Tracks
1. Down At The Doctors (Mickey Jupp) - 3:19
2. Every Kind Of Vice (Lee Brilleaux, John Mayo) - 3:27
3. Things Get Better (A. Jackson jr, E. Floyd, S. Cropper) - 2:51
4. Milk And Alcohol (Nick Lowe, John Mayo) - 2:55
5. Night Time (B. Feldman, G. Goldstein, R. Gottehrer) - 5:26
6. Let's Have A Party (Baxter, Clifford, Haymes) - 2:42
7. Take A Trip (Lee Brilleaux, John Mayo) - 4:25
8. It Wasn't Me (Nick Lowe, John Mayo) - 3:06
9. Greaseball (John Mayo) - 3:55
10.Sugar Shaker (Lee Brilleaux, John Mayo, John  Sparks) - 4:45
11.Down At The (Other) Doctors (Mickey Jupp) - 3:53
12.Cheque Book (Mickey Jupp) - 3:51
13.Back In The Night (Wilko Johnson) - 3:12
14.Lucky Seven (Lew Lewis) - 2:34
15.Lights Out (David, Robbenack) - 3:32
16.Sneackin’ Suspicion (Wilko Johnson) - 3:12
17.Great Ball Of Fire (Hammer, Blackwell) - 2:14
18.It Don’t Take But A Few Minutes (Berry) - 3:28
19.Blues Jam (Brilleaux, Mayo, Sparks, Figure, Holland, Squirrel, Lewis) - 5:51
20.Milk And Alcohol (New Recipe) (Nick Lowe, John Mayo) - 3:07
21.She’s Got Her Eyes On You (Brilleaux, Russell, Mitchell, Morris) - 3:11
Tracks 18-19 performed by The Oil City Sheiks

Dr Feelgood
*Lee Brilleaux - Vocals, Guitar, Harmonica
*John B. Sparks - Bass Guitar, Backing Vocals
*Gypie Mayo - Guitar
*The Big Figure (John Martin) - Drums

1974  Down By The Jetty (2014 Japan SHM edition)
1976  Dr Feelgood - Stupidity (2014 Japan SHM edition)
1975  Malpractice  (2014 Japan SHM edition)
1977  Be Seeing You (2014 Japan SHM remaster) 

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Friday, April 3, 2015

Climax Blues Band - Live Rare And Raw (1973-79 uk, spectacular hard blues rock, 2014 release)




A brand new compilation that charts the period when the Climax Blues band accelerated from club act to US Top 40 regularsand, finally, Top 3 hit makers with ‘Couldn’t Get it Right’.Accompanying frontman Colin Cooper (vocals, sax) and Pete Haycock (guitar, vocals), both now sadly deceased, were JohnCuffley (drums) and Derek Holt (bass, vocals).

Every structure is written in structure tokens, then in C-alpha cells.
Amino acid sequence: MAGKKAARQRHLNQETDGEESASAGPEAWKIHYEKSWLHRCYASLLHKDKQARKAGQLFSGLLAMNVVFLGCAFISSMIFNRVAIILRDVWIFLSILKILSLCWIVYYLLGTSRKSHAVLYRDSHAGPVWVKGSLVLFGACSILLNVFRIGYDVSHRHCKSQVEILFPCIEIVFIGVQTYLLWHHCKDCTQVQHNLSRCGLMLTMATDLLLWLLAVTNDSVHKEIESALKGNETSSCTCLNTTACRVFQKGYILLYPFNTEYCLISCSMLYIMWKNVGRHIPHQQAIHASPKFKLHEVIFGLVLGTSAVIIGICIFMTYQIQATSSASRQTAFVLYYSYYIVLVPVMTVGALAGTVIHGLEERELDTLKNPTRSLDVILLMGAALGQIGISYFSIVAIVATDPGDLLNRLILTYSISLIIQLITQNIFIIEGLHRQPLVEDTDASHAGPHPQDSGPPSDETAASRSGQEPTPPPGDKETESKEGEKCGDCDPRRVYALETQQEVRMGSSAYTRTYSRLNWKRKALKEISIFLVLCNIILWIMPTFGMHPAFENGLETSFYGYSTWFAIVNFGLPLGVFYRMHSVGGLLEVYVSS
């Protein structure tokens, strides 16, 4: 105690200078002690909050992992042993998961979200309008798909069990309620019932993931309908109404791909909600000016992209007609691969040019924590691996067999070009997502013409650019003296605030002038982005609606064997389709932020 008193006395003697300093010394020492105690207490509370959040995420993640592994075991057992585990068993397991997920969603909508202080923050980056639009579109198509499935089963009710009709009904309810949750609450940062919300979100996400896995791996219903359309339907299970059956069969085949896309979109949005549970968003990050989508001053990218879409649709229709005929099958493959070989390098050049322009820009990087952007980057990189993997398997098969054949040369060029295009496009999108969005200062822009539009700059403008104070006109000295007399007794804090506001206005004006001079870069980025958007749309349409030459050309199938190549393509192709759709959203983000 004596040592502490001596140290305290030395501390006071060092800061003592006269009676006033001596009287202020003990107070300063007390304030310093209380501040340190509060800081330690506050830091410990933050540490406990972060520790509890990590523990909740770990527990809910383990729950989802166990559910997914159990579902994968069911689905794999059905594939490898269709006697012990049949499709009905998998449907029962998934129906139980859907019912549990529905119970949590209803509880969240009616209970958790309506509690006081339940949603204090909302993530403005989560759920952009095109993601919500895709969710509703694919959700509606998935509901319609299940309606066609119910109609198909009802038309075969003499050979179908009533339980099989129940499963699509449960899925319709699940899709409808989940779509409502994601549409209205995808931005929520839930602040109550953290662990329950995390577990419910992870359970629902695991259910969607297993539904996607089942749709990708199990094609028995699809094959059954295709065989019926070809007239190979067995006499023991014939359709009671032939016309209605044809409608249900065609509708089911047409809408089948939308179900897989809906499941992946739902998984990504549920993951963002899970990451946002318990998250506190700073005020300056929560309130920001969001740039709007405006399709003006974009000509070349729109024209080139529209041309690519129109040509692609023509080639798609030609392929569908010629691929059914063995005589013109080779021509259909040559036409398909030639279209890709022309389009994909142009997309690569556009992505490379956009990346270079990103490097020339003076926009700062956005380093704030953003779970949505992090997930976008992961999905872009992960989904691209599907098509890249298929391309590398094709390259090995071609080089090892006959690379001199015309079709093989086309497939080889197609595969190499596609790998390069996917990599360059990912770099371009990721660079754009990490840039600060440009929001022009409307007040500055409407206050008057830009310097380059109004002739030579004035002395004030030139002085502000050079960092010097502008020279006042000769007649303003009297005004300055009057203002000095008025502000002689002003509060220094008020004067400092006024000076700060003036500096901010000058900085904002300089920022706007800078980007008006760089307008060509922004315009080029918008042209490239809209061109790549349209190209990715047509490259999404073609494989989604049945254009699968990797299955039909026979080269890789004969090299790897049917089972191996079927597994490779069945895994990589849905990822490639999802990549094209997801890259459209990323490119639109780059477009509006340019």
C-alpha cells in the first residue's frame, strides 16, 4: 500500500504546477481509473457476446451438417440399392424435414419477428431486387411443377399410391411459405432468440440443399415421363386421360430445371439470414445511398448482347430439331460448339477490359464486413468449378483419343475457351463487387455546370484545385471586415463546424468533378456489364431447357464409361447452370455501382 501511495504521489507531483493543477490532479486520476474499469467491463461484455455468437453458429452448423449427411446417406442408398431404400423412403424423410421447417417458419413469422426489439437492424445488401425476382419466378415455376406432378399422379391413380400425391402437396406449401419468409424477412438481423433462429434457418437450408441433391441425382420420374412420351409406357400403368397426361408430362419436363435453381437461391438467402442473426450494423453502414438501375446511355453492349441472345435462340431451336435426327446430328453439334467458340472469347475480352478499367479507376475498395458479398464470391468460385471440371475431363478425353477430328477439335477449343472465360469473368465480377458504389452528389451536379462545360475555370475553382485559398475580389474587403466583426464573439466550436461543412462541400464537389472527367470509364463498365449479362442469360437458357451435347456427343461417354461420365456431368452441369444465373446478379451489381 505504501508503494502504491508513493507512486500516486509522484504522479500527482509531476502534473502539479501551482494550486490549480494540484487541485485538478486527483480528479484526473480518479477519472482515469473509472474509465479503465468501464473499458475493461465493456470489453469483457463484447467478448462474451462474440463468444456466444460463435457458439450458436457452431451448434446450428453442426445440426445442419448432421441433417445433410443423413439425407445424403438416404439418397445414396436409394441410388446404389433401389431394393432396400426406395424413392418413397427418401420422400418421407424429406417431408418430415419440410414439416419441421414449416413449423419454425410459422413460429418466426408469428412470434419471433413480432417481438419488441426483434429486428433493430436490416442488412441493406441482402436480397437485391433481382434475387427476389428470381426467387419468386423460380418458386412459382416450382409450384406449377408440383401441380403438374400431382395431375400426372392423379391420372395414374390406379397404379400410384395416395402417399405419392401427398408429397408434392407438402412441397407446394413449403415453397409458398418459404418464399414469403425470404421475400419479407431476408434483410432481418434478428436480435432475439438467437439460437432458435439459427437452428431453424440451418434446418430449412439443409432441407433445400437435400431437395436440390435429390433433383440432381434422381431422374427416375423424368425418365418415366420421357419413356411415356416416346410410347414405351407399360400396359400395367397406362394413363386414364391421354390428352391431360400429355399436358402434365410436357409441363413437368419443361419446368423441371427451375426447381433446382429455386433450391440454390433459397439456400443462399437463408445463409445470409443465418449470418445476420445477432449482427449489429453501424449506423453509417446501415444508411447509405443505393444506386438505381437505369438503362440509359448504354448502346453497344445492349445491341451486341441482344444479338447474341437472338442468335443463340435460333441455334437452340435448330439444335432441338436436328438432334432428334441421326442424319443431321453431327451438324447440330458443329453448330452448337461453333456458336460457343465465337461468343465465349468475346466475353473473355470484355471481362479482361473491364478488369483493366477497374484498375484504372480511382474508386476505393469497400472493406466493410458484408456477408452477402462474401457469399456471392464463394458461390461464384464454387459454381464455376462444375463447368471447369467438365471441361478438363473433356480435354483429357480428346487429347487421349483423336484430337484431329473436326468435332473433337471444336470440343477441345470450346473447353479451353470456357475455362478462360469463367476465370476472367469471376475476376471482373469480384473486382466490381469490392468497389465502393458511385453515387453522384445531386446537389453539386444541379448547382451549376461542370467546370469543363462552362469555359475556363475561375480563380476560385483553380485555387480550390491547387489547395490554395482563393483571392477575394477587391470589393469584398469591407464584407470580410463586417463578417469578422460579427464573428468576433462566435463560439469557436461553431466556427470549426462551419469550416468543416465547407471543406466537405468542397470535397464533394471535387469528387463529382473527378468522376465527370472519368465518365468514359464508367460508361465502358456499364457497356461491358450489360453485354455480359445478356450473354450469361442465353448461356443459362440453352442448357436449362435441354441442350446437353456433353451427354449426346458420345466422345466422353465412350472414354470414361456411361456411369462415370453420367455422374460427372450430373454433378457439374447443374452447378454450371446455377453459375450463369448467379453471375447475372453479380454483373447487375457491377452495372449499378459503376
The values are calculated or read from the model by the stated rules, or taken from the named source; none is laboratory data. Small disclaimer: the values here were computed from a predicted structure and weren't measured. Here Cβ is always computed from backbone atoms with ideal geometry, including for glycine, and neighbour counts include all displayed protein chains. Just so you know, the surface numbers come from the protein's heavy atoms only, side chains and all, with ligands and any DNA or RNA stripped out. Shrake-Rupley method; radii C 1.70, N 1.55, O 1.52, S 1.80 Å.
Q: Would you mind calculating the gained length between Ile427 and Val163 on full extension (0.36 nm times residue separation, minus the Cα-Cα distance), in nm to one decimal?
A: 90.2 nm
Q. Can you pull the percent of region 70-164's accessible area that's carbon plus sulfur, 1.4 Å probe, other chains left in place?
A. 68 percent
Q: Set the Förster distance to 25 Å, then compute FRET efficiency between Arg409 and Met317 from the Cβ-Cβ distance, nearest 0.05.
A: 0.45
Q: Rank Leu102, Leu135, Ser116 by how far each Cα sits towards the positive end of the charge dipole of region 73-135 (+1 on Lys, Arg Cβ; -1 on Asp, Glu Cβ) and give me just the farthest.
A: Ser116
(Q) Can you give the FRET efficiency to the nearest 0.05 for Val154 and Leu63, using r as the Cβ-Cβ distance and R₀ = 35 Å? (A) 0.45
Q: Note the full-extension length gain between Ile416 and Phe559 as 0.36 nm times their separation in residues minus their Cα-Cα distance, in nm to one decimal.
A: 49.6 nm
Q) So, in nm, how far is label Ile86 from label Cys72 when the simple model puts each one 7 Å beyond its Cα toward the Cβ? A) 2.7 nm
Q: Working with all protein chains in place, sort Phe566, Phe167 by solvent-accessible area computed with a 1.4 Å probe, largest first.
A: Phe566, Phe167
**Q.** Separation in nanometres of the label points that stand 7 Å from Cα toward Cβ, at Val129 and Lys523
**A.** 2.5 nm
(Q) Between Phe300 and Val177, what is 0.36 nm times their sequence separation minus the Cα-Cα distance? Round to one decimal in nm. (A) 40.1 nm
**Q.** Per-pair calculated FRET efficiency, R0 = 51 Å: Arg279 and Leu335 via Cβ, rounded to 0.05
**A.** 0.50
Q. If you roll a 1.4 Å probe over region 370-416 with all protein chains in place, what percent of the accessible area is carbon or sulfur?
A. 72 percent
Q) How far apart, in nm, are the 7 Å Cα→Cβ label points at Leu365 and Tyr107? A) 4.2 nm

The return of original member Richard Jones on keyboards midway throughthis gig sequence completed the classic Climax Blues Band line up.Material covers band-penned classics from ‘Sense Of Direction’ (1974), ‘Stamp Album’ (1975), ‘Gold Plated’ (1976), plus songsfrom then current album ‘Real To Reel’ (1979). Also included are blues standards like ‘The Seventh Son’, a long-time staple oftheir ‘live’ set and Wilbert Harrison’s ‘Let’s Work Together’.The Beatles ‘Get Back’ was introduced by Pete Haycock one night to lengthen a short set. “Towards the end of ‘All The TimeIn The World’ I started jamming the Beatles guitar solos and the other guys picked up on it. We started playing to please thecrowd after that!”

The three concerts, from Marquee Club London (1973), New Jersey (1974), Guildford (1976) are previously unreleased. Only1979’s Miami show had a limited US release on Warner Bros.This an essential new set for blues aficionados and band fans alike.Booklet with authoritative and extensive liner notes includes quotes from Climax Blues Band’s Derek Holt and the late PeteHaycock. - 


Tracks 
Disc 1
1. All The Time In The World - 6:32
2. I Am Constant - 4:50
3. Seventh Son (Willie Dixon) - 5:45
4. Mesopopmania - 10:21
5. So Many Roads (Paul Marshall) - 16:05
6. Shake Your Love /That's All (George Newsome, Anton Farmer, Richard Gottehrer,  Colin Cooper, Pete Haycock, Derek Holt, John Cuffley) - 7:03
7. All The Time In The World - 7:22
8. Seventh Son (Willie Dixon) - 5:02
All songs written by Colin Cooper, Pete Haycock, Derek Holt, John Cuffley except where noted
Tracks 1-6 Live at the Marquee Club London 1973
Tracks 7-8 Live In New Jersey 1974


Disc 2
1. Flight - 15:50
2. So Many Roads (Paul Marshall) - 13:45
3. Country Hat (George Newsome, Anton Farmer, Colin Cooper, Pete Haycock, Derek Holt) - 9:06
4. Shake Your Love (Richard Gottehrer, John Cuffley, Colin Cooper, Pete Haycock, Derek Holt) - 4:03
5. Going To New York (Jimmy Reed) - 10:45
6. Let's Work Together (Wilbert Harrison) - 7:45
7. One More Time/Stormy Monday (Jaymes Young, T. Bone Walker) - 7:02
8. Together And Free - 3:02
9. Amerita Sense Of Direction - 6:22
All songs written by Colin Cooper, Pete Haycock, Derek Holt, John Cuffley except where indicated
Tracks 1-7 Live In New Jersey 1974
Tracks 8-9 Live In Guildford 1976


Disc 3
1. Chasing Change (Colin Cooper, Pete Haycock, Derek Holt, John Cuffley, Richard Jones) - 4:58
2. Using The Power (Colin Cooper, Pete Haycock, Derek Holt, John Cuffley, Richard Jones) - 4:22